Original text by Lunettes Rouges, Translation by Miss XS
Return to France for the Cranach exhibition at the Luxembourg Museum (until 23 May). Do not believe the enticing reviews that will dazzle you with a cornucopia of lecherous and hypocritical nudes, there are only ten artworks with female nudes (excluding a lactating Virgin): four Eves with genitals hidden behind twigs, two Lucrèces with stripped torsos, and two Charités covered by children suckling. Furthermore, to satisfy you a little more, a nymph, whose body is covered by a transparent, barely-there veil, (“Do not disturb!”) and this Allegory to Justice (1537, private collection), who is similarly barely covered, and is the poster image for this exhibition, where the median point between the scale of justice and the sword of punishment is strategically placed: enough to make our striking judges reflect upon?
Let us abstain from commenting too much about this painter’s too obvious subject matter, whose workshop indeed produced a mass of such beauties (and on this point, the Roman exhibition‘s merit was the comparison of its nudes against those of the Italian Rennaisance). But here, Cranach is only being set against his direct influences such as Dürer and Barbari, in a historical rather than aesthetic analysis. Do not spend too much time on the supposed hypocrisy of this Luther supporter who claimed to paint these erotic scenes only for the purpose of witnessing their moral danger; an audacious, interesting and marketing-like analysis states that the advent of Lutheranism dried up the demand for traditional Catholic painting, and that Cranach, as a shrewd businessman, had to find a new market, that of Moralising Nudity. And let’s look at the rest- unlike all those critics so aroused with these adolescent beauties.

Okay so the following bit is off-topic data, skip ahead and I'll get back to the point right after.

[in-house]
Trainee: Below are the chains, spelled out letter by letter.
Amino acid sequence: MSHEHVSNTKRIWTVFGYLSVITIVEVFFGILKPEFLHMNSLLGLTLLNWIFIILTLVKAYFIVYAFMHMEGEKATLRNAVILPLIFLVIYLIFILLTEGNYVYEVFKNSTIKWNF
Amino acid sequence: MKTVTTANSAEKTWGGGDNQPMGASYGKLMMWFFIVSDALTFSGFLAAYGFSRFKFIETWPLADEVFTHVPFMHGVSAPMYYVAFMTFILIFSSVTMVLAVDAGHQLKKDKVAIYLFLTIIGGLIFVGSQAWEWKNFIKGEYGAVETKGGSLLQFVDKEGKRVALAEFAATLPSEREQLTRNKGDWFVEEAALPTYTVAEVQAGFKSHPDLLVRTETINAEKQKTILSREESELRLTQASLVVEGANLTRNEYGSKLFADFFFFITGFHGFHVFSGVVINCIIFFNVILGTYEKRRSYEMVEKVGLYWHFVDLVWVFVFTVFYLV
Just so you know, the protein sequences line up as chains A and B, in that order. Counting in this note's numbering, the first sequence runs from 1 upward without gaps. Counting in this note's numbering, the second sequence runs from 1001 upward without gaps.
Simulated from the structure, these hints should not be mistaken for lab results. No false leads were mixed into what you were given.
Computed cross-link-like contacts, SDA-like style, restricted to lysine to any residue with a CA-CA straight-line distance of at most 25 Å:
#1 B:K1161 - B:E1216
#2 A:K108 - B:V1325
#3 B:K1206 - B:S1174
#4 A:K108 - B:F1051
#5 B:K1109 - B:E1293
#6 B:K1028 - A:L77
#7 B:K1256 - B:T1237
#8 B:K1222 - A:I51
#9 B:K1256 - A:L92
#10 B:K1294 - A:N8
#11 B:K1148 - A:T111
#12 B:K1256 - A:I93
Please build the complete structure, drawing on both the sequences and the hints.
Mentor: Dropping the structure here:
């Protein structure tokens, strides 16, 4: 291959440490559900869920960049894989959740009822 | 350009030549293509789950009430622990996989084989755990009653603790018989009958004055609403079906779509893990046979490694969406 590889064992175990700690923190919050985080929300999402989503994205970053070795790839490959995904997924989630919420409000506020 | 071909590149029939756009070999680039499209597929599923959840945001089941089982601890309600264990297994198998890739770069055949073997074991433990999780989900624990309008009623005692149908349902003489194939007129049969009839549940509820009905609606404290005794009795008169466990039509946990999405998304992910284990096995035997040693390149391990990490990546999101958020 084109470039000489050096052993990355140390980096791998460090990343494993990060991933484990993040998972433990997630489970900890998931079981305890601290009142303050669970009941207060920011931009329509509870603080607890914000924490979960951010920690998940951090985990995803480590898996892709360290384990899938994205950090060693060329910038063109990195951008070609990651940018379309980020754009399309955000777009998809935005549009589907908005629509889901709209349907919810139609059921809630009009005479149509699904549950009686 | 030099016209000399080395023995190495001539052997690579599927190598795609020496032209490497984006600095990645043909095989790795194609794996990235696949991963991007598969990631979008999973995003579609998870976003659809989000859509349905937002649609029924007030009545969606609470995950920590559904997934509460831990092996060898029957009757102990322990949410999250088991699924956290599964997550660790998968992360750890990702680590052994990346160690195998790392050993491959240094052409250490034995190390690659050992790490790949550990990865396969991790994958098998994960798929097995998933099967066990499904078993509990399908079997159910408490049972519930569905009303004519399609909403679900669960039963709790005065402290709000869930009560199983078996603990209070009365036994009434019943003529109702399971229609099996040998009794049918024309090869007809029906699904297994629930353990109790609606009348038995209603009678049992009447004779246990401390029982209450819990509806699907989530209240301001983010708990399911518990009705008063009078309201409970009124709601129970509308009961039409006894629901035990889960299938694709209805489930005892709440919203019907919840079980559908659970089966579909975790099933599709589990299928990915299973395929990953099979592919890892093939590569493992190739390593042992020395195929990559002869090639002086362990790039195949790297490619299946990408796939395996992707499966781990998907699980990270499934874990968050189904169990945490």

The first painting, the so-called ‘Scottish Crucifixion,’ , was painted when Cranach was 28 years old (circa 1500, Kunsthistorisches Museum of Vienna). It is astonishingly clumsy: the cropped-off thieves are really messed-up and the Virgin’s body collapses and distorts in an unnatural manner, whilst next to this piece, the later Dessau Crucifixion is one of the most accomplished. The juxtaposition of such paintings (and their diverse origins) is one of the gems of this exhibition (this was hardly expected in this museum). Cranach is first and foremost a painter of power, attached to the Electorate of Saxony, and his portraits are more testimonies of power than psychological studies: all his princes with giant jaw-bones, all his frail blonde princesses who all resemble one another, without showing individually here the brilliance of sapience, and there a dazzling charm. It is within the details that we can find finesse, depth, and striking beauty, more so than in the facial traits. The portraits of Luther (and of Melanchthon) by this fellow protestant are much more interesting.
We could also (re)view this exhibition, only concentrating on the details and the décor that are never innocent (even if they are sometimes painted by his son or his apprentices). In the painting of St. Elisabeth (1514, Thyssen Bornemisza collection, kept at the National Art Museum of Catalonia in Barcelona) why does the donor, the Duke of Saxony Bearded Georges (who is a great Luther adversary) profile himself against the black background? This cannot be a staircase with uneven steps, neither a cut-up sheet, and the opening on the right (the Saint’s black robe and the white of her sleeves) is of no particular interest. It probably suggests that the limit between sacred and profane cannot be a simple, regular, straight line- this border must be made of sudden jerks, reversions, hesitations and incertitudes. Perhaps it is the ambivalent relationship between Cranach himself and the nude – a simultaneously sensual and moralistic posture- that is depicted in this broken, incongruous dividing line.